The Millie Tant of his generation who held dinner parties for his exclusive circle of private school friends whilst a student at Aberdeen in the 1970s.
      I went to a normal school so didn’t know him but a friend of mine did. Two fun stories about Baron Splendid:
      1. At the dinner table, if other people were speaking, the Baron would mumble something to soneone far away who couldn’t hear. That person would invariably ask what he’d said. And everyone else would pipe down so he could speak.
      2. My friend emigrated and shortly after the General Election which saw every Tory in Scotland lose their seats, I told my friend that the Baron had been elected as an MP. My friends reaction was “We heard here that there were no Tories returned in Scotland.” Without sarcasm.

      Liked by 1 person

  2. Oh I see the darling of the left before he ditched his principals. Biscuits when you bought by weight from the local grocer or already packaged. With retail price maintenance until 1964 the price was the same in all the shops. Once that was abolished the supermarkets started to flourish.

    Shane Fenton and the Fentones before he reincarnated as Alvin Stardust..

    Liked by 1 person

    1. I was watching a TV program in which Alvin Stardust was introduced to the viewing public.
      He stated to the interviewer that Shane Fenton was no more and should be forgotten.
      Two hours later there was a Tommy Steele movie, I forget the title, incorporating a recording session by … Shane Fenton and the Fentones.
      If not worth a full blown LOL, then at least a quiet chortle or two.

      Liked by 1 person

  3. The picture is from Sinatra’s years with Capitol in the 1950’s, where he fashioned a highly regarded musical style after his years as a big band singer with the Tommy Dorsey orchestra in the Swing era and his first recording contract with Columbia.

    Sinatra was by all accounts a 24 Karat jerk from New Jersey with strong mob connections who didn’t have a singing voice that could compare with the other pop music crooners of the era……Bing Crosby, Perry Como, Dean Martin, etc……but seems to be appreciated for a certain style of phrasing and tempo and musical material that was first showcased on the Capitol recordings.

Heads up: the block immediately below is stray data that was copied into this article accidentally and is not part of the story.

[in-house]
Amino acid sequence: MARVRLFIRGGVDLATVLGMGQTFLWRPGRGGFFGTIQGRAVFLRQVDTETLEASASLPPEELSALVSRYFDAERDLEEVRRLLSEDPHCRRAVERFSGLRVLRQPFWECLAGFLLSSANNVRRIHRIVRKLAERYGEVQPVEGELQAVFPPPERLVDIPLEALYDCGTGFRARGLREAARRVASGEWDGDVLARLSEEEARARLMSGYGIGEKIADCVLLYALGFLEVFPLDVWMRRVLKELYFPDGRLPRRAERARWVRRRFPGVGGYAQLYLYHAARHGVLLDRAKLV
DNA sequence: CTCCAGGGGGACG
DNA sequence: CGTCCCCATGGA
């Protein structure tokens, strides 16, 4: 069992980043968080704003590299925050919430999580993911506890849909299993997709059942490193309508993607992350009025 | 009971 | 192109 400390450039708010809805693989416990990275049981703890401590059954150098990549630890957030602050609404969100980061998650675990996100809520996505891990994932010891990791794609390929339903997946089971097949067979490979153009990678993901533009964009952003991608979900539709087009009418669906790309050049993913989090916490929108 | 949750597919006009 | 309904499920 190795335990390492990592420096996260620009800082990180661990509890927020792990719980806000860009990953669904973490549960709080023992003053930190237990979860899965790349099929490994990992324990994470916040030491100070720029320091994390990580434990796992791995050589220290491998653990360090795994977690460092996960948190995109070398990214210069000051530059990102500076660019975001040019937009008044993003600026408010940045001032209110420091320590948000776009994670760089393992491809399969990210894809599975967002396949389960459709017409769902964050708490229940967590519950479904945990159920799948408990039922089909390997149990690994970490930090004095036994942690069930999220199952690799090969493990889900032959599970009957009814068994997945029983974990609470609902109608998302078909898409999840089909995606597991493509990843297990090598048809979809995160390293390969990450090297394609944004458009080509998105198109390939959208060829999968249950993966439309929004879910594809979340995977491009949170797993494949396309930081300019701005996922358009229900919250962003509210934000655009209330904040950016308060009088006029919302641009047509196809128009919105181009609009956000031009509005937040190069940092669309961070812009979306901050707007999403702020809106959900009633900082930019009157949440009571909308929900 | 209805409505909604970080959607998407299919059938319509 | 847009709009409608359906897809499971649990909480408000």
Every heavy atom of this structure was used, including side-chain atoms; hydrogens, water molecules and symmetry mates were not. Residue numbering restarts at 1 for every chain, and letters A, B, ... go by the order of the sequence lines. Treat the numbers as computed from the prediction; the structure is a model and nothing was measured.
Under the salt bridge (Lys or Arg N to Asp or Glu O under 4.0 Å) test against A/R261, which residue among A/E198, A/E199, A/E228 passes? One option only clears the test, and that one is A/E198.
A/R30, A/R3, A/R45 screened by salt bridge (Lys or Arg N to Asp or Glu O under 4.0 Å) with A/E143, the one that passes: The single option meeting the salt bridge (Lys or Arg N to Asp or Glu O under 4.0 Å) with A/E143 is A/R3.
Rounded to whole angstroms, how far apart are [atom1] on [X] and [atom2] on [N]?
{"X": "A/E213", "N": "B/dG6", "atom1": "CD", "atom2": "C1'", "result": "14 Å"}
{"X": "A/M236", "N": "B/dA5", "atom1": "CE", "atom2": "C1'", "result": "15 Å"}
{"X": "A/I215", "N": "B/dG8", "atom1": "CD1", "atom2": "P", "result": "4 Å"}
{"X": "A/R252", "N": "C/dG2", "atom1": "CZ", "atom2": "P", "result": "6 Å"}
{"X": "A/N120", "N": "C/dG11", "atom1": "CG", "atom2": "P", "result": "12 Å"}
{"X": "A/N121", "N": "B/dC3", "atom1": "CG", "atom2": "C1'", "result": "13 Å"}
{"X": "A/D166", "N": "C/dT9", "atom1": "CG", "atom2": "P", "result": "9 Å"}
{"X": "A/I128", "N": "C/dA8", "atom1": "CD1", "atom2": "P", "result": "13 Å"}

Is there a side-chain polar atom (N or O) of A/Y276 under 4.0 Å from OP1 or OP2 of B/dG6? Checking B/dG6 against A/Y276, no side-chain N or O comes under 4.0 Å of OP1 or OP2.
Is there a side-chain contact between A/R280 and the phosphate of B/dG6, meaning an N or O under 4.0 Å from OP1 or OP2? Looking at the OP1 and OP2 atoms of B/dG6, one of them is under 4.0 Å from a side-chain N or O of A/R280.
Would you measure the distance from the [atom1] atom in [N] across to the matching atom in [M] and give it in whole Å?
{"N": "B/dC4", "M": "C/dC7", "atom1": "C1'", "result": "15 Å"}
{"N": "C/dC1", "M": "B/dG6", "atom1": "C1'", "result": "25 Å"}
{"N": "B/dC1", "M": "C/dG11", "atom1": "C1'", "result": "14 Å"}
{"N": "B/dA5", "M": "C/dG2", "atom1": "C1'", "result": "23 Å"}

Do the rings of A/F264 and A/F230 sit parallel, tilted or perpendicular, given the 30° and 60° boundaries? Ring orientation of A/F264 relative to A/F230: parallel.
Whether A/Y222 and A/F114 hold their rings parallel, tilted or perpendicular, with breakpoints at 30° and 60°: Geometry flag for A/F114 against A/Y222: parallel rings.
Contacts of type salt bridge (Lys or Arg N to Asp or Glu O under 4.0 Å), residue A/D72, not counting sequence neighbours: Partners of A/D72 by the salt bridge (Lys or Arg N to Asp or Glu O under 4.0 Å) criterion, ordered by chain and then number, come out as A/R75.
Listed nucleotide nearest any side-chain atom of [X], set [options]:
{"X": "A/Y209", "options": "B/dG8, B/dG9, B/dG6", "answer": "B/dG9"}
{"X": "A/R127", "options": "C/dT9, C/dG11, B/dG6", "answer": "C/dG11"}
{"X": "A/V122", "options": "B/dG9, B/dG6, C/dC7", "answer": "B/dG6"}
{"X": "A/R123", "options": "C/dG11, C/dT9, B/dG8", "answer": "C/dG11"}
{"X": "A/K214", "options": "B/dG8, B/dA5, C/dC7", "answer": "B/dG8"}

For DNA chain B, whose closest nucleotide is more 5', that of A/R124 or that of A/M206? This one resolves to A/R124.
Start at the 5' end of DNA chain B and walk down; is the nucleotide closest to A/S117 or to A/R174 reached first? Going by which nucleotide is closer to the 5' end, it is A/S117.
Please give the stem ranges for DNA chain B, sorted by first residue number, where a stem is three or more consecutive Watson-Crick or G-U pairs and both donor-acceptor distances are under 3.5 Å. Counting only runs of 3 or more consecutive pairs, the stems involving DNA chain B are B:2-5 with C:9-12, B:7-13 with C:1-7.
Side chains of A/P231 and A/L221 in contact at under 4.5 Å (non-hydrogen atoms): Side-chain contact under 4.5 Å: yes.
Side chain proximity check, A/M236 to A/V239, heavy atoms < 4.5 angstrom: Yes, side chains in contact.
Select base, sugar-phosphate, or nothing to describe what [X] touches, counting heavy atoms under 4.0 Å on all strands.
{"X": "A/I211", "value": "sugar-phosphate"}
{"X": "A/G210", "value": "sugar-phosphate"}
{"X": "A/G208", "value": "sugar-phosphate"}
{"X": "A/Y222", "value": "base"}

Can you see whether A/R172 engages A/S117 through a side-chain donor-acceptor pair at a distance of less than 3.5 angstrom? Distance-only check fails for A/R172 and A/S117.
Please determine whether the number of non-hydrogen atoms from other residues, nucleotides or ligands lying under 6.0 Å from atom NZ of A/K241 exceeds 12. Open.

From the 1946 film “Till the Clouds Roll By.” The only song that could possibly serve as the finale to a movie biography of Jerome Kern:

    From Rolling Stone titled “The Capitol Years”


    A long biographical article in The Atlantic titled “Swing and Sensibility”


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    1. I can’t see the fascination of Sinatra.

      It’s not that I don’t appreciate that kind of music… I like some of the others of his time. But he didn’t have a very good voice, and, I know that they say it was all about phrasing, but to be honest, I can’t see any of that myself. But maybe I’m weird. I also can’t see why anyone made a lot of Elvis.

      The ‘Ol’ Man River’ in the clip is possibly the worst version I’ve heard of that song!

      Liked by 1 person

      1. Tris…..I agree. All the crooners of the era were better singers than Sinatra.

        Only in a lavish big-star 1940’s musical biopic would you find Sinatra singing Ol’ Man River. 😉

        The song was written by Kern and Hammerstein for Paul Robeson. But he was unavailable when Show Boat opened on Broadway in 1927, and the part of Joe was played by Jules Bledsoe, who thus became the first person to sing Ol’ Man River. Robeson sang the part in London when the show opened in the West End in 1928. Robeson appeared in a later Broadway production in 1932 and appeared in the 1936 film.

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      2. He was allegedly a “made man” and his time was peak time for the Mafia in the USA.

        I’d imagine he’d have been a money launderers dream back then – when you didn’t need retired miltary transport aircraft to move the dollars like now (no joke).

        Liked by 2 people

        1. Vestas and Tris……There was never a dull moment with Sinatra. Stories of his association with Mafia figures followed him everywhere, and the character of Johnny Fontane in Mario Puzo’s “Godfather” was rumored to be patterned after Sinatra. He may have had mob assistance in getting him out of his contract with Tommy Dorsey. Whether or not someone held a gun to Dorsey’s head like the incident depicted in The Godfather, the ensuing feud between Dorsey and Sinatra was never resolved.